Employee Retention Becoming More Important
Imagine you’re a baseball manager who has a team that has been together for a long time. They know your policies and strategies, as well as the characteristics and abilities of their fellow teammates, inside and out. Through continuous, rigorous repetitions of throwing, base-running, hitting and fielding, they have managed to come together as a single unit, greater than the sum of its parts.
Now imagine every player on that roster gets traded, and a new squad comes in. Not only that, but the owner announces he’s going to clean house every season, forcing you to rebuild a team each year from a bunch of dissimilar individuals who haven’t the slightest notion of how you and the others will perform on the diamond. Obviously, you aren’t going to win many pennants with this sort of team (unless, of course, you’re Joe Torre, and your team is the New York Yankees). The point is, employees are generally going to work smarter and more productively if they’re in a familiar environment and accustomed to the skills, knowledge and mannerisms of their co-workers. Thus, staff retention is crucial in getting the utmost effort from your staff.
Apparently, chief information officers (CIOs) are reawakening to this issue, long dormant in the business world. In a national poll released last week by Robert Half Technology (RHT), CIOs were asked, “In your opinion, is the retention of your IT staff becoming more or less important as the economy improves?” Fifty-eight percent of CIOs surveyed believe keeping their best people is becoming more critical as the economy gains momentum. Thirty-six percent of those polled said it was not a factor, while only 6 percent said it was less important. The poll included responses from more than 1,400 CIOs from a stratified random sample of U.S. companies with 100 or more employees.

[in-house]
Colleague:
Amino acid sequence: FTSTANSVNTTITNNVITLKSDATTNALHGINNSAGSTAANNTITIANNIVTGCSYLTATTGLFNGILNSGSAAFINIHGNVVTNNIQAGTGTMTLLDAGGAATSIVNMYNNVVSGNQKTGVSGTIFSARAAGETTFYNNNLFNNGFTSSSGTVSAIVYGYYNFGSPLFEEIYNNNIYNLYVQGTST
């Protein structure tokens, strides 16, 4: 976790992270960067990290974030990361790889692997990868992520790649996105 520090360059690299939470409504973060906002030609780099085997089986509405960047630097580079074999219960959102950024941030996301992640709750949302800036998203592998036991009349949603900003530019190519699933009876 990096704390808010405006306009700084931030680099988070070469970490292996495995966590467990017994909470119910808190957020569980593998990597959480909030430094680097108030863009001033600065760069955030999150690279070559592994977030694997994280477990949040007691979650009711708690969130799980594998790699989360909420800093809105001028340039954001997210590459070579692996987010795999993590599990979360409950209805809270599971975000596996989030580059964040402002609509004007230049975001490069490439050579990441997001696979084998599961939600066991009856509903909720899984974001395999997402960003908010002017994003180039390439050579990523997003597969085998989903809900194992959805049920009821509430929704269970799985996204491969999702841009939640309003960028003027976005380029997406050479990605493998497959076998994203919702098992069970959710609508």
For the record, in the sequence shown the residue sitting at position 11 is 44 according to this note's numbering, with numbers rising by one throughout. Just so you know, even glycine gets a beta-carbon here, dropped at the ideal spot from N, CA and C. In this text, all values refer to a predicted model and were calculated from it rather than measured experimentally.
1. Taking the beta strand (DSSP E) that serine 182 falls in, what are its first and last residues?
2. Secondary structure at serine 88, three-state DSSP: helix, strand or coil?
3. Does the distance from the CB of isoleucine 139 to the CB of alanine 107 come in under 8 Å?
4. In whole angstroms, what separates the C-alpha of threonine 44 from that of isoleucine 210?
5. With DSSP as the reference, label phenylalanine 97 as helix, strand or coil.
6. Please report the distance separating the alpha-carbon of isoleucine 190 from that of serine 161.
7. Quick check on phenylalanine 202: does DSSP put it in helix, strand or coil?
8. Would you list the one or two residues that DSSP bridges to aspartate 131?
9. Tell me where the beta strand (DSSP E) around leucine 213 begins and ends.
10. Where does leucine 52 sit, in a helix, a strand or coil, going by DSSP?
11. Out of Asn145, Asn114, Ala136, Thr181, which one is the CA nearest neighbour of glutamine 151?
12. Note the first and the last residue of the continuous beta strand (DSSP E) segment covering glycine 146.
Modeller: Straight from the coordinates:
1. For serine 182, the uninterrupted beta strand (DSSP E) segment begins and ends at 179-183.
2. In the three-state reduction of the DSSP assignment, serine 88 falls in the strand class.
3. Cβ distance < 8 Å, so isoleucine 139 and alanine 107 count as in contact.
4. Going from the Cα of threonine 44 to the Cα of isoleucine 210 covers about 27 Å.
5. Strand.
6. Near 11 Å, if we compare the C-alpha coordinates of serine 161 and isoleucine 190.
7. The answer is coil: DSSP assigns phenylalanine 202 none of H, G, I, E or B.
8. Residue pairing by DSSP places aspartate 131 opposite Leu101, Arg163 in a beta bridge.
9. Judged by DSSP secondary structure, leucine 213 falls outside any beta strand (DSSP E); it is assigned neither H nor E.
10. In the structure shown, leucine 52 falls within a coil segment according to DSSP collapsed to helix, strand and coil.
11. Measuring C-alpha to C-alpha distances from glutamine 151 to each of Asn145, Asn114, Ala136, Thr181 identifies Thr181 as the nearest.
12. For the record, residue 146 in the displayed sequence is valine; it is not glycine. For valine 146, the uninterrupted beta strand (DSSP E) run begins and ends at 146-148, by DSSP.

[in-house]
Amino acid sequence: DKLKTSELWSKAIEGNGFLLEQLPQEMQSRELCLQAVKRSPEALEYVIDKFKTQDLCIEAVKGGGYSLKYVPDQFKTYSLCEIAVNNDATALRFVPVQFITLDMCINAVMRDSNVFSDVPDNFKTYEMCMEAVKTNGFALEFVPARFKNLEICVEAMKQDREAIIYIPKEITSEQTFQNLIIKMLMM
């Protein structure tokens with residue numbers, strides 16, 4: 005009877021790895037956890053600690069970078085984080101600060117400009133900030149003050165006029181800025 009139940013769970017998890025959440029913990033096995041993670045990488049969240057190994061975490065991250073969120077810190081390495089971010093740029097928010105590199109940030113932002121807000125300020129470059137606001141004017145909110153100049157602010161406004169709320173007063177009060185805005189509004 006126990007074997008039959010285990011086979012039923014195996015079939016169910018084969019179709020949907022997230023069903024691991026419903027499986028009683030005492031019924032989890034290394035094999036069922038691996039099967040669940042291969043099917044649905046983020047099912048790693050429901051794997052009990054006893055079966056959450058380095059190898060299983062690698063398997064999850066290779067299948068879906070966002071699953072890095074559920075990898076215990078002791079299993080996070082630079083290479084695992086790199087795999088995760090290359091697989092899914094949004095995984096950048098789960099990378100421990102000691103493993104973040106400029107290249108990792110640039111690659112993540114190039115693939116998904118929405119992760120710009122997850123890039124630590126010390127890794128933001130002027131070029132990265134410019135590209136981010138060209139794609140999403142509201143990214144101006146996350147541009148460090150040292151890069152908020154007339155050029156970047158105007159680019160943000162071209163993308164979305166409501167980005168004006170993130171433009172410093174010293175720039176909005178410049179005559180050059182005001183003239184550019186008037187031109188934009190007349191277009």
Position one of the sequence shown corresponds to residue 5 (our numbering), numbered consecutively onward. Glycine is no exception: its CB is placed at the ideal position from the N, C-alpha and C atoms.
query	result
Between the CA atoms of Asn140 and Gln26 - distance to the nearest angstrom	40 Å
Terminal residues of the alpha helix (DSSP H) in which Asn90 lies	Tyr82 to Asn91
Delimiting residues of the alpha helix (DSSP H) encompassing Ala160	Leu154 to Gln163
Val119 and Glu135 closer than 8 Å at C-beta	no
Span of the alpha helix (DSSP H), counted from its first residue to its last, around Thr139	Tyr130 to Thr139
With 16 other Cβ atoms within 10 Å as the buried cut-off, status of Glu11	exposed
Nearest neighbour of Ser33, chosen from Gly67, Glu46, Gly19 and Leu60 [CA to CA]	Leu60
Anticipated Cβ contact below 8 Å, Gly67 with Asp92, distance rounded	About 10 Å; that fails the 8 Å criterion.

Katherine Spencer Lee, executive director of Robert Half Technology, offered the following tips for motivating and retaining IT professionals:
- Make it personal: Customize training and career planning to each employee’s strengths and interests. Does he or she desire a management track or more hands-on work developing applications?
- Send in reinforcements: Many IT professionals have had to do more with less as a result of leaner workforces and budgets. Bringing in additional support and helping staff prioritize projects during busy times can circumvent stress and burnout.
- Empower employees: Demonstrate trust in your employees by allowing them to implement their ideas and make strategic decisions.
- Offer praise: Acknowledge your team’s contributions. Simple actions such as recognition during a staff meeting or writing a thank-you note can go a long way toward improving morale.
- Show them the money: A competitive compensation and benefits package sends the message to employees that you place a fair value on their work.
For more information on the results of the poll, visit http://www.rht.com.